St James’s Place: exit fees are on the way out, what should customers do?

Regulator has consistently missed opportunities to scrap early withdrawal charges

The UK’s largest wealth manager St James’s Place’s announcement that it will scrap its exit fees is long overdue. But it’s hard to call this either a victory for consumers or an outstanding achievement for the regulator.  

Exit fees are wrong because they are barriers to leaving that allow financial firms to grow complacent. They increase customer inertia, meaning there’s no reason to improve service or innovate products.

These charges, once common across the industry, are generally on the decline but, as SJP demonstrates, they have not gone yet. The blame for delay lies firmly at the door of the Financial Conduct Authority, the regulator, which considered plans to ban exit fees four years ago but then dropped the idea.

The FCA missed a chance to put things right in its Consumer Duty launched in July, watering down the rules to a ban on “unreasonable” exit fees.

In the end, it should be the customer who decides if the fee structure is acceptable. So, if you’re with St James’s Place, think carefully about staying with a firm that is only belatedly caving in to pressure to do the right thing by its customers.

SJP has more than 900,000 clients, serviced by 4,766 qualified advisers. Until now, the business has levied an “early withdrawal fee” of up to 6 per cent on pensions and bonds money, reducing on a sliding scale over six years.

In July, SJP’s then chief executive said these exit fees that aren’t called exit fees were not “unreasonable”. After a few weeks and several chats with the regulator, the charges will finally be scrapped. The new man in charge has his work cut out implementing some dramatic changes.

But remember that the barrier won’t be lifted until mid-2025. Before that bond and pension customers will remain on that sliding six-year scale. Rob Dix, author of The Price of Money, says: “The fact that SJP has accumulated £150bn of customer funds with such an uncompetitive fee structure (and limited fund range) suggests many people aren’t confident in asking the most basic questions about how their money is managed.”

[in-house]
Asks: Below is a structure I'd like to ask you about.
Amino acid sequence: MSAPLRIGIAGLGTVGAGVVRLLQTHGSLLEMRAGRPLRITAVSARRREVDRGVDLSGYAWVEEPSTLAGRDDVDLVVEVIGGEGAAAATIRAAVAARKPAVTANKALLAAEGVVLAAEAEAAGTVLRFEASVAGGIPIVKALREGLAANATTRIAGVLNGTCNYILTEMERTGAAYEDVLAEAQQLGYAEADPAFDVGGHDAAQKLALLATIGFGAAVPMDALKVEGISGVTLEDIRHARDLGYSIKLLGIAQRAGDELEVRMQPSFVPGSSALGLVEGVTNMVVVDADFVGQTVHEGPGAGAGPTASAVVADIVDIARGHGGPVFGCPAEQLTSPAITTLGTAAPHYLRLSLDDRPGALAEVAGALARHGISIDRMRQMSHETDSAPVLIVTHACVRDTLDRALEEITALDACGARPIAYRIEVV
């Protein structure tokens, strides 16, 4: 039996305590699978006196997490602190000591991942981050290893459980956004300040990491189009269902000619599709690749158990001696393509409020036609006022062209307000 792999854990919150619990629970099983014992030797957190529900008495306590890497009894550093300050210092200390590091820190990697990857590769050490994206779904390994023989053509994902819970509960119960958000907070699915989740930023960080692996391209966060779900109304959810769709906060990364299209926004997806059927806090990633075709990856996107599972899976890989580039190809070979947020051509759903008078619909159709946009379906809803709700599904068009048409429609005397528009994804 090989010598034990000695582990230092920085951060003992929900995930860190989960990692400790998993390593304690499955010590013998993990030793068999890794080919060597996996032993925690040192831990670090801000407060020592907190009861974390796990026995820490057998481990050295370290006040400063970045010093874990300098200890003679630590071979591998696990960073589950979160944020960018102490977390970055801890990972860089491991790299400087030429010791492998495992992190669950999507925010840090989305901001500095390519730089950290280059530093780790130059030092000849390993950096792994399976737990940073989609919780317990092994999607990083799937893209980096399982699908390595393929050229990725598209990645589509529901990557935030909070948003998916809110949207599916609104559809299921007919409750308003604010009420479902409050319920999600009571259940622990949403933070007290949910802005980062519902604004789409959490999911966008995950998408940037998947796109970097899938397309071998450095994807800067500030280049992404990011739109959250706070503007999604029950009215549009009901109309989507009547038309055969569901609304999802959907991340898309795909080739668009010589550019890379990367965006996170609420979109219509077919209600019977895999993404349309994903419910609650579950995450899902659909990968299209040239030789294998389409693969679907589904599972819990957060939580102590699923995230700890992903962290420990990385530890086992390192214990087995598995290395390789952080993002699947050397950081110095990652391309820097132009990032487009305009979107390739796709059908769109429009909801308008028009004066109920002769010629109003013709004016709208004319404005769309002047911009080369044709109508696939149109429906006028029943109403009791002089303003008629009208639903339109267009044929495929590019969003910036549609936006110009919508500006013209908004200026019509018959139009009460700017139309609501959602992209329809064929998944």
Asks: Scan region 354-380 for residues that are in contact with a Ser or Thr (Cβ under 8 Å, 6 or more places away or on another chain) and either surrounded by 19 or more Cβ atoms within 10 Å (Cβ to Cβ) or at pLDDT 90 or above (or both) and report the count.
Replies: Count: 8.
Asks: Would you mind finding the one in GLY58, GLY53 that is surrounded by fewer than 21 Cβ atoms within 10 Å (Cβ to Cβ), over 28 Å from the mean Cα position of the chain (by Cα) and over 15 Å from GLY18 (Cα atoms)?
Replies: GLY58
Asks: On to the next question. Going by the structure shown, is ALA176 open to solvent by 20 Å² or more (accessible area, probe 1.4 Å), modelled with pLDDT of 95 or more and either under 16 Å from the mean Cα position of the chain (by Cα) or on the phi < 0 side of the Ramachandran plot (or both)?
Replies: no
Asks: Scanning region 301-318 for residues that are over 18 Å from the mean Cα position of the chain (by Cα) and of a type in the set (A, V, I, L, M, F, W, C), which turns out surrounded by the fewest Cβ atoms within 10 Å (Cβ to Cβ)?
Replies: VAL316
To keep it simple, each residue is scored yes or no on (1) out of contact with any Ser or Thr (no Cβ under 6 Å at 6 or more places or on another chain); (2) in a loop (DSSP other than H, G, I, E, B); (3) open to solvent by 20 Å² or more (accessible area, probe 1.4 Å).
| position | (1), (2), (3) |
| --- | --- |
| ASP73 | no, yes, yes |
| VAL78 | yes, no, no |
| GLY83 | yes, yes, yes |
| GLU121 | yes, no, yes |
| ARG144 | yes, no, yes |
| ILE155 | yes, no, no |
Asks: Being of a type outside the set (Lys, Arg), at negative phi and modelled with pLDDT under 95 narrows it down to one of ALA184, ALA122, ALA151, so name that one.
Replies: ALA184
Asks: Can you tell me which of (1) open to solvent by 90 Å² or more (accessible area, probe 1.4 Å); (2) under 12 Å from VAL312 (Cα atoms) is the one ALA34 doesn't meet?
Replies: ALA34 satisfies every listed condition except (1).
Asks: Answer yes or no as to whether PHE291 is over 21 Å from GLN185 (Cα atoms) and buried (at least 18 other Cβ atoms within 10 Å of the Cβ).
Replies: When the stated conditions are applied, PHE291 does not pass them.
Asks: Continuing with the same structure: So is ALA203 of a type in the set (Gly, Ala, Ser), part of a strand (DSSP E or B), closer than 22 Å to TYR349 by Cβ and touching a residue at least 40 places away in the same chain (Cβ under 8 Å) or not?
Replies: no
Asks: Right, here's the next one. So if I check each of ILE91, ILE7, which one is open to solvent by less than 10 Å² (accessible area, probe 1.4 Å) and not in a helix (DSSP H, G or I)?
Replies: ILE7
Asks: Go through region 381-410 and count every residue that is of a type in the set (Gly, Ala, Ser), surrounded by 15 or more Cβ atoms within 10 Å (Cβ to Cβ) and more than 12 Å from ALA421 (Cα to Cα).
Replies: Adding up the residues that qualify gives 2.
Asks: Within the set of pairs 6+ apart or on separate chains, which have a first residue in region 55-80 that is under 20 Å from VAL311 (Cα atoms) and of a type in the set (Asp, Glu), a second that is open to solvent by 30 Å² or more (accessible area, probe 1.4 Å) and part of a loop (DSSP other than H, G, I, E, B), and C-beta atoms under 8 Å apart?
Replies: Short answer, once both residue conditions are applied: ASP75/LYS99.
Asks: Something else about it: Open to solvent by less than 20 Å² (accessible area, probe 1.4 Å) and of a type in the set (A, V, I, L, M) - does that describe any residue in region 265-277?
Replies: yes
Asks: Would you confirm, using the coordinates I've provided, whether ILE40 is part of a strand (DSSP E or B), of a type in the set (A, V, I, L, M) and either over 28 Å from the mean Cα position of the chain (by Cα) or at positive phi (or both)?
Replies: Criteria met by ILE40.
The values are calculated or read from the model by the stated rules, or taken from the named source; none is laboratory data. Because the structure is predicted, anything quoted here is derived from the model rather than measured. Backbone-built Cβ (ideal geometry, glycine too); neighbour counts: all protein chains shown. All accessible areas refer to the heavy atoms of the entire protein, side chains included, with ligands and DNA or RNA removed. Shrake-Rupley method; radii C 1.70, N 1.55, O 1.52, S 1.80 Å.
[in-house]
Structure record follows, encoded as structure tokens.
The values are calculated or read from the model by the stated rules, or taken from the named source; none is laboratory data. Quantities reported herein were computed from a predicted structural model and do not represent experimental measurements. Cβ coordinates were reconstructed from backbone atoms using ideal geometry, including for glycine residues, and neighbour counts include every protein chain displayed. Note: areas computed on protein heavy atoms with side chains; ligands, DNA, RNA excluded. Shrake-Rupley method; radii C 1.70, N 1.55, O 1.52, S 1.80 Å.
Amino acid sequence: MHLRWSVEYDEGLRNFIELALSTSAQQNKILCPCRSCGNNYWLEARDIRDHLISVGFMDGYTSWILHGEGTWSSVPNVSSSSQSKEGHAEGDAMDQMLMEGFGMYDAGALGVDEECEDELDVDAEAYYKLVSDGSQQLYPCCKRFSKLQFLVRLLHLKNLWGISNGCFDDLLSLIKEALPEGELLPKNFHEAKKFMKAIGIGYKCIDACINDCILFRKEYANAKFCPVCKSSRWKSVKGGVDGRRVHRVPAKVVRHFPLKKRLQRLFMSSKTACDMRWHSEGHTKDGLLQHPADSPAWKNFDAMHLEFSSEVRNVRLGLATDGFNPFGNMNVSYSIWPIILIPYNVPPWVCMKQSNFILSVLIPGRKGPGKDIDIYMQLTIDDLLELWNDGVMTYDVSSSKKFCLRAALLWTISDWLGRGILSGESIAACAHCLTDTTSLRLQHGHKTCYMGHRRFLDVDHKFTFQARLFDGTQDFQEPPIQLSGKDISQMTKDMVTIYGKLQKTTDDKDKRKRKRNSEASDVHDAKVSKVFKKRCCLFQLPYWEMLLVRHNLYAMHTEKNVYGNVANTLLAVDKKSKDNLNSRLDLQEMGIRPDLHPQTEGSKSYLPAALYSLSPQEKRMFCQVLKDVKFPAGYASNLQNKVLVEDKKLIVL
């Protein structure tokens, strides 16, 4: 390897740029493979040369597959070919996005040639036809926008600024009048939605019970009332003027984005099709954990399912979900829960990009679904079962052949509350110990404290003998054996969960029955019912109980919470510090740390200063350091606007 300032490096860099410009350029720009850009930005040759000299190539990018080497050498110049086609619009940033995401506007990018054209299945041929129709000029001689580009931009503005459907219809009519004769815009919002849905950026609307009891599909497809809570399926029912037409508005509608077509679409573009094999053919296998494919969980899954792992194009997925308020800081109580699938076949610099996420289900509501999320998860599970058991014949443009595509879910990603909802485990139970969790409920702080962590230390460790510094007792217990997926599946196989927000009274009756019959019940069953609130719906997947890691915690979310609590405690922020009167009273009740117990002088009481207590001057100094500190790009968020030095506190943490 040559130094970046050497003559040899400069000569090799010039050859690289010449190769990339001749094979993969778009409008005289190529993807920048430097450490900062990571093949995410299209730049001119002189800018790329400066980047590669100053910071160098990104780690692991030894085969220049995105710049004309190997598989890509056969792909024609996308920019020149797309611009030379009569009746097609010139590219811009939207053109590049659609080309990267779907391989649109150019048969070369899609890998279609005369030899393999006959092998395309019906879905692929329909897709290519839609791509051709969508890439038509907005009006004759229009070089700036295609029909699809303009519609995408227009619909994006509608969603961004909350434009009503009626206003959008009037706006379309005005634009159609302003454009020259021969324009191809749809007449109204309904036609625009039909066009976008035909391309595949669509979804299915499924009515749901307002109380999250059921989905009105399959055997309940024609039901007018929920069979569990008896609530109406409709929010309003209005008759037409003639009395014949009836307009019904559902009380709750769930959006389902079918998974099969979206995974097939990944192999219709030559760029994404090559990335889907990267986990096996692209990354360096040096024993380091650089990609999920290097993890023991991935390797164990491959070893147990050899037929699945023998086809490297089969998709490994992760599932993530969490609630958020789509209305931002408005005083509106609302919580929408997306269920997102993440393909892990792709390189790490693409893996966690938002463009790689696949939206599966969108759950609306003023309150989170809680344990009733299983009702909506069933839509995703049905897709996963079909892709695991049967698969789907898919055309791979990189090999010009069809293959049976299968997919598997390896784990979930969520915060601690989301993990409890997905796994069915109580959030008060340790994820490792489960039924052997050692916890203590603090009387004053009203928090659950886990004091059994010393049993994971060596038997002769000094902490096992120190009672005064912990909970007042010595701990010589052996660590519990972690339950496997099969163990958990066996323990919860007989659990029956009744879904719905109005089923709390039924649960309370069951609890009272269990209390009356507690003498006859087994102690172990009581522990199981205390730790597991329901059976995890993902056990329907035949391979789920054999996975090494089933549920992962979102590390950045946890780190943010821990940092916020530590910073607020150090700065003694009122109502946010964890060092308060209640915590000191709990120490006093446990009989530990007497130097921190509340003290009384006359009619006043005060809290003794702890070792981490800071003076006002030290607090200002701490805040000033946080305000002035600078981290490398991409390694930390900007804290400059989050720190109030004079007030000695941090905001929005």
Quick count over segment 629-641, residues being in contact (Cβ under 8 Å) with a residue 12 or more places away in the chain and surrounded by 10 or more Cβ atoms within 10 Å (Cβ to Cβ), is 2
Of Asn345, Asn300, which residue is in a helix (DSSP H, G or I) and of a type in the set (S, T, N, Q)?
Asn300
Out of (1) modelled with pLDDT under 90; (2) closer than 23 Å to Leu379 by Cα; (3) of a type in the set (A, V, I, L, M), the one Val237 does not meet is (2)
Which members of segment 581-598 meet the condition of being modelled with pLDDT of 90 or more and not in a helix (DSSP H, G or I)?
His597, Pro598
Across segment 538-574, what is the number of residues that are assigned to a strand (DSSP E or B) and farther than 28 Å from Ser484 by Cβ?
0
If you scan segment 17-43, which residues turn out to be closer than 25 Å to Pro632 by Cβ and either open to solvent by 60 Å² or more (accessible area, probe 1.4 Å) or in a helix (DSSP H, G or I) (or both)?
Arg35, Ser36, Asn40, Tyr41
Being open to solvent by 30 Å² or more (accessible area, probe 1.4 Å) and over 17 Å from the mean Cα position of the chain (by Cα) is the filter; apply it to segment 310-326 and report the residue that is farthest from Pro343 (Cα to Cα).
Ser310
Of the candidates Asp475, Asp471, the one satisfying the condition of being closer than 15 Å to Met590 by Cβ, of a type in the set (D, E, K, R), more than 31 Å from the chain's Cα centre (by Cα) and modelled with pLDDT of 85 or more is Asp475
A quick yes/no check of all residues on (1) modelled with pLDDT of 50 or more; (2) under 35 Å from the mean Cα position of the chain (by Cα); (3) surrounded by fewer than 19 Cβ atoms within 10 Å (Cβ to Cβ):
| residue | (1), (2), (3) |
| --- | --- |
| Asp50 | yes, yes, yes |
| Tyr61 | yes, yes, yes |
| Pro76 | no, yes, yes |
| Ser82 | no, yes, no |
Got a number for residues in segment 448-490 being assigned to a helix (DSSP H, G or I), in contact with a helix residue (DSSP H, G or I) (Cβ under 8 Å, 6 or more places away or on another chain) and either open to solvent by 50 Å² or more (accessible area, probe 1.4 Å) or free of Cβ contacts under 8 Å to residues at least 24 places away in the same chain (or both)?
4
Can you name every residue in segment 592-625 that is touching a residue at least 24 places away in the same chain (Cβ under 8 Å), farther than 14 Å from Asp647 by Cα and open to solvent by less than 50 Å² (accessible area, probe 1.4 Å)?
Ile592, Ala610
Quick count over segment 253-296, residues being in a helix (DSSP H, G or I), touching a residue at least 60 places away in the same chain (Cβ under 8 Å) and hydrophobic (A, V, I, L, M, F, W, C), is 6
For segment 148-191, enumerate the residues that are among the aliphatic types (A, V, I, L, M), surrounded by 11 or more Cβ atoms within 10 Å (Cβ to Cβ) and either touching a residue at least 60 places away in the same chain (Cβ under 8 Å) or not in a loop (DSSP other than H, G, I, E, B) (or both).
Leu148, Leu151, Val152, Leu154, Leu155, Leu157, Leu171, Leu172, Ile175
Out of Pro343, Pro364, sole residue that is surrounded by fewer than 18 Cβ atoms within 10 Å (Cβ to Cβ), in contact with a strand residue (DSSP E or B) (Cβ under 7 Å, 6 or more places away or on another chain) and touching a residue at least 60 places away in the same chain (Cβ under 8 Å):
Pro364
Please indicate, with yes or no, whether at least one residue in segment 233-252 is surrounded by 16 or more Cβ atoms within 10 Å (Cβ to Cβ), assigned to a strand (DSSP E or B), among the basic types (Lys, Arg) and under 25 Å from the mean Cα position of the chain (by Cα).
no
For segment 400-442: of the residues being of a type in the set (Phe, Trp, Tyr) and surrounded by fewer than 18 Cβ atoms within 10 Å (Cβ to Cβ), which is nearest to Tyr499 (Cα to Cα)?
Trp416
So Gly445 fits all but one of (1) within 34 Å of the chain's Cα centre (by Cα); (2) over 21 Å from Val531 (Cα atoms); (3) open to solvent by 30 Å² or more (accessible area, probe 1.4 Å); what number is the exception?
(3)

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SJP says it has a “substantial programme of system and process changes” that’s delaying the removal of exit fees. Is it worryingly cumbersome technology or bureaucracy, or perhaps both? Either way it’s hardly reassuring.

If you want to be informed on SJP, a quick internet search will reveal stories about charges, accusations of opulent corporate spending, and underperforming funds.

The investment platform Bestinvest’s “Spot the Dog” report reveals the funds that have consistently underperformed in each of the past three years and by 5 per cent over the whole period. In the latest edition, who had the highest number of “dog funds”? Yep, it’s St James’s Place. Of the £46.2bn held in the 56 poorest performers, £29.3bn was in six SJP funds.

To be fair, SJP says it is trying to fix underperformance with the recent appointment of a new chief investment officer and director of research. The wealth manager says: “We are continually evolving our funds with the aim of driving excellent long-term performance for our clients.” It would do well to offer clients a wider range of funds, not least from better-performing investment groups, and maybe some low-cost passives.